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Ventura County Shows Strength

Economy: Analysts say the area is poised for more growth, but managers are moving with caution.

November 25, 2001|DARYL KELLEY | TIMES STAFF WRITER

So far, so good.

Ventura County's economy has remained healthy as a business downturn batters a nation headed toward recession.

Several benchmarks of prosperity are still strong locally--jobs, housing sales and construction of new homes, offices and business parks.

Even industries jolted by the nation's economic downturn and the Sept. 11 attacks are rebounding: Hotels are filling back up, and many stores are back to the sales levels of last year.

"We don't see Ventura County as in a recession now or in the near future," said Bill Watkins, director of the Economic Forecast Project at UC Santa Barbara. "Its growth is declining compared with the spectacular rates of the last few years but is still not weak."

Watkins' group projects Ventura County's rate of economic growth this year at 7.1%, with a decline to 3.4% next year. That compares to highs of 14.2% in 1999 and 9.4% in 2000.

That 3.4% increase is still above the average annual growth rate of about 3.1% for the nation, he said.

Yet, despite a balanced and resilient local economy, led by Amgen, Watkins said there are signs the recession has begun to trickle down to Ventura County.

Vacancy rates are moving up in industrial parks and office buildings, and more retail shops are empty. Developers are jittery, and some say they are taking a wait-and-see attitude before investing in new houses and businesses. There is also a mild softening of business along the vaunted Ventura Freeway high-tech corridor. And Kinko's, the copying giant, is moving its headquarters from Ventura to Texas, taking hundreds of jobs with it.

"The market is in a holding pattern," said Jerry Pelton, managing director of the CB Richard Ellis commercial brokerage firm. "Everybody is waiting to see if the other shoe is going to fall. When you go through a traumatic situation, the last thing people want is to make long-term decisions."

Manufacturers, in particular, are under pressure. "They respond much more rapidly to downturns," Pelton said.

Industrial real estate broker Fred Ferro said business has slowed at his Oxnard company, NAI Capital Commercial.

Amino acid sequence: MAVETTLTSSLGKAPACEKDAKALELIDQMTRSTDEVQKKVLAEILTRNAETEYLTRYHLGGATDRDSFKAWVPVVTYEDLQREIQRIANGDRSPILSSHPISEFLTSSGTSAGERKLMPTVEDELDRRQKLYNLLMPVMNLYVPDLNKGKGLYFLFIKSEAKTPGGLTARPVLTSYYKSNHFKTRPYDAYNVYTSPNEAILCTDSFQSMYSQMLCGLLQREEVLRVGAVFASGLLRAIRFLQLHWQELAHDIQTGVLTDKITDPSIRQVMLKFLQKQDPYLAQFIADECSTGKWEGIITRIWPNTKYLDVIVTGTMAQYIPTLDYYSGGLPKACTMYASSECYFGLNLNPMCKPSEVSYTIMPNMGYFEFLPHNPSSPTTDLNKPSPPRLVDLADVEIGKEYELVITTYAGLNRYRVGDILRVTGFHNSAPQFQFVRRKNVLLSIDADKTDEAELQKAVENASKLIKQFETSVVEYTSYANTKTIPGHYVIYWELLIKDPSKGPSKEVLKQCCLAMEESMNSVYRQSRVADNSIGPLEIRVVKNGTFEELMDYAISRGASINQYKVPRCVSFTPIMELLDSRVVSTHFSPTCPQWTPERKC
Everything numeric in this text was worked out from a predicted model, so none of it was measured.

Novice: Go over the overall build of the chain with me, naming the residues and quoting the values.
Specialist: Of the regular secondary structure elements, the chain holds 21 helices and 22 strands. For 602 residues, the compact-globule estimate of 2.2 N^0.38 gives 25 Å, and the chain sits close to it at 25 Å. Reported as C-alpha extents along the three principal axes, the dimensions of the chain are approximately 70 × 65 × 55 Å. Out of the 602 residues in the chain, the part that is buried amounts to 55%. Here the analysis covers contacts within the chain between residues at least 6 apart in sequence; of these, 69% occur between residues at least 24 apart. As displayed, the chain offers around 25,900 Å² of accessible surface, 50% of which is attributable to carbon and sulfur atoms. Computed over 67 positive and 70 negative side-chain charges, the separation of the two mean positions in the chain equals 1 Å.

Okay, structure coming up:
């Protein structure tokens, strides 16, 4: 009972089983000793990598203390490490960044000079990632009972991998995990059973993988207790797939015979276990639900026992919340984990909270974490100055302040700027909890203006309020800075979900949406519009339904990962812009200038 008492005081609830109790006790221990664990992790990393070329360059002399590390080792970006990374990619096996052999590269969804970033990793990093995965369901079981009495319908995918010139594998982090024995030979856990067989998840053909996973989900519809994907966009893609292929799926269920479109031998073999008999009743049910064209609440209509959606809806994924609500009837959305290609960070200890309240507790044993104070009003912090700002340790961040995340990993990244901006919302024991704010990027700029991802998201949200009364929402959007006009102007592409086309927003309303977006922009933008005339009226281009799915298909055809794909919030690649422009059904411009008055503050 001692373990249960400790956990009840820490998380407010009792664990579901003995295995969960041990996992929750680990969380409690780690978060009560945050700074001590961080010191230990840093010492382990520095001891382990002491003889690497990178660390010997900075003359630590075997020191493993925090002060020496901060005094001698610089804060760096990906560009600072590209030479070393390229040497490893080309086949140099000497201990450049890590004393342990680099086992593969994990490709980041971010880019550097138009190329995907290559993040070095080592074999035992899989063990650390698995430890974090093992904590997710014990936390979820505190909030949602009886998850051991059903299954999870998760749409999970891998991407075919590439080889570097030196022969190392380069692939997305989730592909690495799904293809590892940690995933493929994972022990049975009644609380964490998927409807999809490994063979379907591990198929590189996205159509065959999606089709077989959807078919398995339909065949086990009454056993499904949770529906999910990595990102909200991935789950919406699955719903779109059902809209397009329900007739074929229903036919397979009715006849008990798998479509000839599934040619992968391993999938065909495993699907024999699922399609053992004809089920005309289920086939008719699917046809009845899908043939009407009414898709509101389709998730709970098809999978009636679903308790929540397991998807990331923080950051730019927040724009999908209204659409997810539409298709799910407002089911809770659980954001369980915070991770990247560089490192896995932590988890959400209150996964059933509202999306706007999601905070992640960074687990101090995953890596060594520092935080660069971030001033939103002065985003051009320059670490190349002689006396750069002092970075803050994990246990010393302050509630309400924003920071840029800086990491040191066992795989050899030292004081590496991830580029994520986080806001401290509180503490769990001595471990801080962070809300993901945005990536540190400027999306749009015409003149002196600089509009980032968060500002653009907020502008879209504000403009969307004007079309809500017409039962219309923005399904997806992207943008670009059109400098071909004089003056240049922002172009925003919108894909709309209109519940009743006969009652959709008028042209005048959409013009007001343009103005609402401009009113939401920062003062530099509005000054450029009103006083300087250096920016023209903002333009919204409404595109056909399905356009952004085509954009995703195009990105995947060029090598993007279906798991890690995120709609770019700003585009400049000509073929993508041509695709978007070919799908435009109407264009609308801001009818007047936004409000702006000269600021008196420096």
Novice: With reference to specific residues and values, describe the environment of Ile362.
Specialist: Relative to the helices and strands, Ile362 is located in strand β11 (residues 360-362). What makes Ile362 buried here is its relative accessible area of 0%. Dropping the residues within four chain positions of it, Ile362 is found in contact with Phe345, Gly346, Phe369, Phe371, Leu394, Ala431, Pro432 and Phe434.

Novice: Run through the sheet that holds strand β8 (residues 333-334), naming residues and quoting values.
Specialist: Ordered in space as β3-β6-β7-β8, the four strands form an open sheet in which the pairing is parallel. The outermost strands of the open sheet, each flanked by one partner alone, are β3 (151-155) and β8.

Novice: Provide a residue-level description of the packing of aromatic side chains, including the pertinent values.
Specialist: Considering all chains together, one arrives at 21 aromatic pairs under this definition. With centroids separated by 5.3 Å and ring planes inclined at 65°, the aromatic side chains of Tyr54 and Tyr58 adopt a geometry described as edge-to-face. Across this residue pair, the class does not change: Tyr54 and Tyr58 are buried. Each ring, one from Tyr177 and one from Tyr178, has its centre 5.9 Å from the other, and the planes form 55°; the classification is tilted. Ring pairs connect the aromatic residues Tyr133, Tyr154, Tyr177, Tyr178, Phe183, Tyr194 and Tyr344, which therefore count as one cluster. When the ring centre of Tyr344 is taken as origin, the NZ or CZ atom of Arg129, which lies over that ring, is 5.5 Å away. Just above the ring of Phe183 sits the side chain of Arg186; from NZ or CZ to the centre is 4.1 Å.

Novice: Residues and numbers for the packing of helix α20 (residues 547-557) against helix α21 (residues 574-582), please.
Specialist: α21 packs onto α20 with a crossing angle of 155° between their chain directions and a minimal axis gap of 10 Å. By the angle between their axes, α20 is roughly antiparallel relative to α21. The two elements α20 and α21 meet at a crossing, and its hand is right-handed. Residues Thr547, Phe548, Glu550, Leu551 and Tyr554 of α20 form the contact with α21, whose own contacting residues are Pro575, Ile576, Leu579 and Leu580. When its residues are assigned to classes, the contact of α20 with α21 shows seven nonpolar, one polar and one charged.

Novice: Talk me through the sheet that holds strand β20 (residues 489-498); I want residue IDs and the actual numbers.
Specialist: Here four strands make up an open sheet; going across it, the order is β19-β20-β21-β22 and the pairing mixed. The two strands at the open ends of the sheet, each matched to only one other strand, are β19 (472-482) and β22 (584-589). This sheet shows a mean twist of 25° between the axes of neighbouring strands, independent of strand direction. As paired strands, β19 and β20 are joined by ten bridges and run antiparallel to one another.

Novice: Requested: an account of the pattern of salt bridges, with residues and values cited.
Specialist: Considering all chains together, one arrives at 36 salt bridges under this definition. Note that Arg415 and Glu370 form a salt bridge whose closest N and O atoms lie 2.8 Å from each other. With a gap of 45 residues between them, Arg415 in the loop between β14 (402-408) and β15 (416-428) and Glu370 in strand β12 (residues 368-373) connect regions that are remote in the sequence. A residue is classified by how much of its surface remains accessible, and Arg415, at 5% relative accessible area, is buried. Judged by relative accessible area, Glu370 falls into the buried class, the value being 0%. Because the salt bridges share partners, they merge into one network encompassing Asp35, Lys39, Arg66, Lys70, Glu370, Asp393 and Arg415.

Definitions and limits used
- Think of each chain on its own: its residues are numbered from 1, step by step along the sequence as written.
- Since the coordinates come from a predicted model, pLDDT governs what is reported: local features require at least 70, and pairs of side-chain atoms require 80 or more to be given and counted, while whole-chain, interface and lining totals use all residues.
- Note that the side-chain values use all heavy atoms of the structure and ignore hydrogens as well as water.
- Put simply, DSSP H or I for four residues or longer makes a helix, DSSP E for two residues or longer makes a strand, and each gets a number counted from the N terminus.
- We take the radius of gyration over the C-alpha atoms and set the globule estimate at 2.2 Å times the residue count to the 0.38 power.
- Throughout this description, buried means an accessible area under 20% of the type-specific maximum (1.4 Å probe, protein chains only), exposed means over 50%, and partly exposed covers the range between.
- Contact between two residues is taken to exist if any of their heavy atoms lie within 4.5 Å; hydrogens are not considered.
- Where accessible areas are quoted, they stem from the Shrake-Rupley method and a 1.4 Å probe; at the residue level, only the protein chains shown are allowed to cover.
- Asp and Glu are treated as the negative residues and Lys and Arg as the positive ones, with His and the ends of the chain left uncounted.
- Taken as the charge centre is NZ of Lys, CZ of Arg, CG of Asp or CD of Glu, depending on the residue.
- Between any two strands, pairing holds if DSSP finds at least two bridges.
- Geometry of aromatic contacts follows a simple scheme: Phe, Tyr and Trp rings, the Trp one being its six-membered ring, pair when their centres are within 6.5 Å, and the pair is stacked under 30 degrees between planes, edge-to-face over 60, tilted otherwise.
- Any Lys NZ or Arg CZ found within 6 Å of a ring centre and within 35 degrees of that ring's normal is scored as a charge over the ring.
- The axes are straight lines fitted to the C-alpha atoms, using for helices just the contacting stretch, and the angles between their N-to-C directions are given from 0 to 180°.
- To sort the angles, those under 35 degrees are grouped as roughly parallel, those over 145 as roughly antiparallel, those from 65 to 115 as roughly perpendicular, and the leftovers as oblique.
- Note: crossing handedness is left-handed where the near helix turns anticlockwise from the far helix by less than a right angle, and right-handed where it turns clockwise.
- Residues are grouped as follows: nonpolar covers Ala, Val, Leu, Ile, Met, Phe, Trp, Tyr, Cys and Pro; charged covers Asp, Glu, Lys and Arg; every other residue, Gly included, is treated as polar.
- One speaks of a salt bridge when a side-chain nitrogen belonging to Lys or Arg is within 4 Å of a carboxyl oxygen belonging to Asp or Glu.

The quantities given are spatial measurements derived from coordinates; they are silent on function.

"We've seen a slowdown in phone inquiries and leases," Ferro said. "And in many cases, people who aren't directly affected are using this to procrastinate."

Ferro sees some weakness in business parks in Camarillo and the Conejo Valley, as high-tech firms have slowed production or canceled planned expansions.

Indeed, after the high-tech boom of the last few years, analysts say Camarillo's economic growth rate of 23% in 1998 dipped to 3.9% in 2000. Among Camarillo employers, eLabor, Power-One, Vitesse Semiconductor and Xircom are cutting payrolls.

But Camarillo is not alone. Lots of commercial space is available at both ends of the county. Industrial vacancy rates increased from 6.4% at midyear to 8.1% at the end of September. Office vacancies were up from 11.3% to 12% for the same period.

"The market is still in relatively good condition," Pelton said. "But it's starting to reflect the recession. Because of the amount of sublease space available, it's coming on the market at pretty competitive prices."

Even in Ventura County's booming housing market, where a shortage fuels steady sales and rising prices, there are signs of slowing, as well as greater caution among builders. An industry analyst found that Ventura County new-home sales--about 20% of the market--have dropped sharply in the third quarter, although overall sales remained high.

"We've been cautious since Sept. 11, because you have this combination of effects from the terrorism and the projected downturn," said John Franklin, regional manager for Shea Homes, which builds in six local cities. "Right now we don't know the magnitude of that--a soft one quarter, or two quarters or three quarters."

Home builders are closely monitoring sales activity, always ready to pull back on construction if the market drops. "We know we're going to have some softening, so you keep your finger on the pulse of sales activity week to week," Franklin said.

Elaine Pettersen, president of the Ventura County Coastal Assn. of Realtors, said she's seen an increasing hesitancy by home sellers and buyers to commit to long-term decisions. Houses, especially higher-priced ones, are staying on the market longer, she said.

"What we're seeing is people cocooning," Pettersen said. "They're just going to fix up their homes, stay close to home and do some nesting. They are concerned about their jobs and are trying to be a little more cautious."

That doesn't mean the Ventura County economy isn't strong and capable of moving past this blip of slower activity, Pettersen said. "The reality of it is we are in such a job-rich economy with this biotech and biomedical corridor that we're not just a Kinko's-only county."

Ventura County is job rich, but housing poor, agreed John Stanek, president of the Building Industry Assn.'s regional group. That's why he thinks builders will steadily increase the stock of new homes in the months to come.

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